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More On Microwaves

Additional experiments help chemists better elucidate the thermal effects of microwaves in heating chemical reactions

by Stephen K. Ritter
August 12, 2014 | A version of this story appeared in Volume 92, Issue 32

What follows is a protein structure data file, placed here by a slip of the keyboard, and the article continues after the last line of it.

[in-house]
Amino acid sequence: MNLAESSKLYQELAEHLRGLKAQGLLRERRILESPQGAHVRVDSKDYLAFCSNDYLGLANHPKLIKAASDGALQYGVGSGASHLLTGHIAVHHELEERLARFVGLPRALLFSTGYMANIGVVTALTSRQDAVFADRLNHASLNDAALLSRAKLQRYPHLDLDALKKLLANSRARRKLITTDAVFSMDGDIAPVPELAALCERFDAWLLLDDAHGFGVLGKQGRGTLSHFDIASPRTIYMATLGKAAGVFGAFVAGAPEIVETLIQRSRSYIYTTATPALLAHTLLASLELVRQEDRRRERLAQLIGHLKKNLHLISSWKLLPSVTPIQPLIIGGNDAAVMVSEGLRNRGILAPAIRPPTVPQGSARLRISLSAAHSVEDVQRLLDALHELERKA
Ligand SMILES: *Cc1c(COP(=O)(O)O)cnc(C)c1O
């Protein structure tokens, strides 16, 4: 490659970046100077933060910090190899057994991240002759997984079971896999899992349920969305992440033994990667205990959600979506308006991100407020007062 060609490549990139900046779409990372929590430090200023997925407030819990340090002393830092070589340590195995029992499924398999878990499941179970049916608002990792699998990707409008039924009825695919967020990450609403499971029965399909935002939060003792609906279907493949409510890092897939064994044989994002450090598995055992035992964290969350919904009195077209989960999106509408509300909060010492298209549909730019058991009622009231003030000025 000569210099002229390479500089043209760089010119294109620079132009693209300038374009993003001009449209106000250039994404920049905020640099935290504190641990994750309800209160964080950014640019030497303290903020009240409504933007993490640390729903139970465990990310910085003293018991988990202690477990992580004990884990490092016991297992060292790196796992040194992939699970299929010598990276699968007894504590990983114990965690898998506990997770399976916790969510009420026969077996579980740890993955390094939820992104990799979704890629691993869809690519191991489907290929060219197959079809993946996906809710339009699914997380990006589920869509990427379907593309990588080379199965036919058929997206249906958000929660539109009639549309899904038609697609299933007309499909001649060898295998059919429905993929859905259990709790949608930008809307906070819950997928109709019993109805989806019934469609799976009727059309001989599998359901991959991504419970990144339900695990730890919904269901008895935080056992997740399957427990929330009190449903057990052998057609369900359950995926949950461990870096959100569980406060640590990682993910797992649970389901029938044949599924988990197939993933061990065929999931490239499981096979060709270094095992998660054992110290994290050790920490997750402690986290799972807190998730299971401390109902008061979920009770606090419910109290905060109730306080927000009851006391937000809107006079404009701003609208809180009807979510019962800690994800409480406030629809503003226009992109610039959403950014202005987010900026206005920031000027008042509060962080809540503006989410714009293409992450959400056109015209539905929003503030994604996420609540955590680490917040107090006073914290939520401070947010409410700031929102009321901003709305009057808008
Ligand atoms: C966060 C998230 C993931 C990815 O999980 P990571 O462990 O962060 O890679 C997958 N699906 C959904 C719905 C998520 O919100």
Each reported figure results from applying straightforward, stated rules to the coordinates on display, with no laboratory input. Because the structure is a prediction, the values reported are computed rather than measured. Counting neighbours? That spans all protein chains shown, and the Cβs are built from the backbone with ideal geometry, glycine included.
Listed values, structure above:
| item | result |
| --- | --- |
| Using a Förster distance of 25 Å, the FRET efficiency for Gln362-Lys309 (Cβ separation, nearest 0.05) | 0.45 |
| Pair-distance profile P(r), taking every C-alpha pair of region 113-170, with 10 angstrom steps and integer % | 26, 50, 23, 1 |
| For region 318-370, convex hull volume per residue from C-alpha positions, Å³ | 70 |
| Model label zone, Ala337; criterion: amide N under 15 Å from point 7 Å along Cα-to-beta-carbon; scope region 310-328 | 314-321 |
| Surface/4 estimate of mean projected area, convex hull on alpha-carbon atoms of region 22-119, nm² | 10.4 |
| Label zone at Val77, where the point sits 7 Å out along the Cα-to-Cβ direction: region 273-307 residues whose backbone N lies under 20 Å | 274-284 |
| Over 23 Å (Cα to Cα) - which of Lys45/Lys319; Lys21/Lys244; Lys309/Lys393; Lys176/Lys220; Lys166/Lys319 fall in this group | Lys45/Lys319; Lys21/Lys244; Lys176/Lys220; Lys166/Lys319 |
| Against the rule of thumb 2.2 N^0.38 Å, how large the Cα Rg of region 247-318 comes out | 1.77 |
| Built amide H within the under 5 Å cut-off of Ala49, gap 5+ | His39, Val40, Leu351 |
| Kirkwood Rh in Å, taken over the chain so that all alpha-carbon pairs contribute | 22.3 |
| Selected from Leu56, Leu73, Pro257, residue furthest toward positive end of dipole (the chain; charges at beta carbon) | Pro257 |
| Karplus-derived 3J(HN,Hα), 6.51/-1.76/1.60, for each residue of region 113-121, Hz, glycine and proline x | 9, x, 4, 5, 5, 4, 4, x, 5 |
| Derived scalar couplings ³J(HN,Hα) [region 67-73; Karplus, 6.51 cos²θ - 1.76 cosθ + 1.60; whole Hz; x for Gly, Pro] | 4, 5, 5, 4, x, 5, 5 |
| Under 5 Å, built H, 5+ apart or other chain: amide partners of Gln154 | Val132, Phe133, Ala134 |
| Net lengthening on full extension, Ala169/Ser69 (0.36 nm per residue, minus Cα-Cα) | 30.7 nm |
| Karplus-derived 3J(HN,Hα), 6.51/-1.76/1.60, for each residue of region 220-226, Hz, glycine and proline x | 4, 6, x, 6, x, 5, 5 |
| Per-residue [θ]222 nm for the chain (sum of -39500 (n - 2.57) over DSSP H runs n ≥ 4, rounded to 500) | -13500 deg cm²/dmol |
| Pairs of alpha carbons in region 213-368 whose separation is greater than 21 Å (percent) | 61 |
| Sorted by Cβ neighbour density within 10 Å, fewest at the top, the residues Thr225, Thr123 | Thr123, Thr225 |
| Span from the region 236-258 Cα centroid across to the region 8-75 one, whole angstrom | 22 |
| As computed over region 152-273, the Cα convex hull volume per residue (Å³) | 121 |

A pair of Florida State University research teams has conducted a more thorough study of the thermal effects of using microwave reactors in organic synthesis. Gregory B. Dudley, Albert E. Stiegman, and coworkers have solidified their earlier findings that microwaves can produce localized heating effects that deviate from known kinetics parameters and accelerate reaction rates beyond what is possible with conventional heating. In one case the researchers show that microwave heating of an ionic reactant in a non-microwave-absorbing (nonpolar) solvent produces a reaction that behaves as if it were being heated at a temperature 20 °C higher than what was recorded (J. Org. Chem. 2014, DOI: 10.1021/jo501153r). In a second case, the researchers characterized the thermal effect by observing that a reaction carried out using variable microwave power to maintain constant temperature produces negligible rate enhancement, yet when operating at constant microwave power leading to a variable temperature, they can achieve up to a ninefold enhancement in reaction rate (J. Org. Chem. 2014, DOI:10.1021/jo5011526). Dudley and Stiegman postulate that selective microwave heating of the reactants, not just the bulk solution temperature, is behind the microwave phenomenon and that it could be exploited for new applications in organic synthesis.


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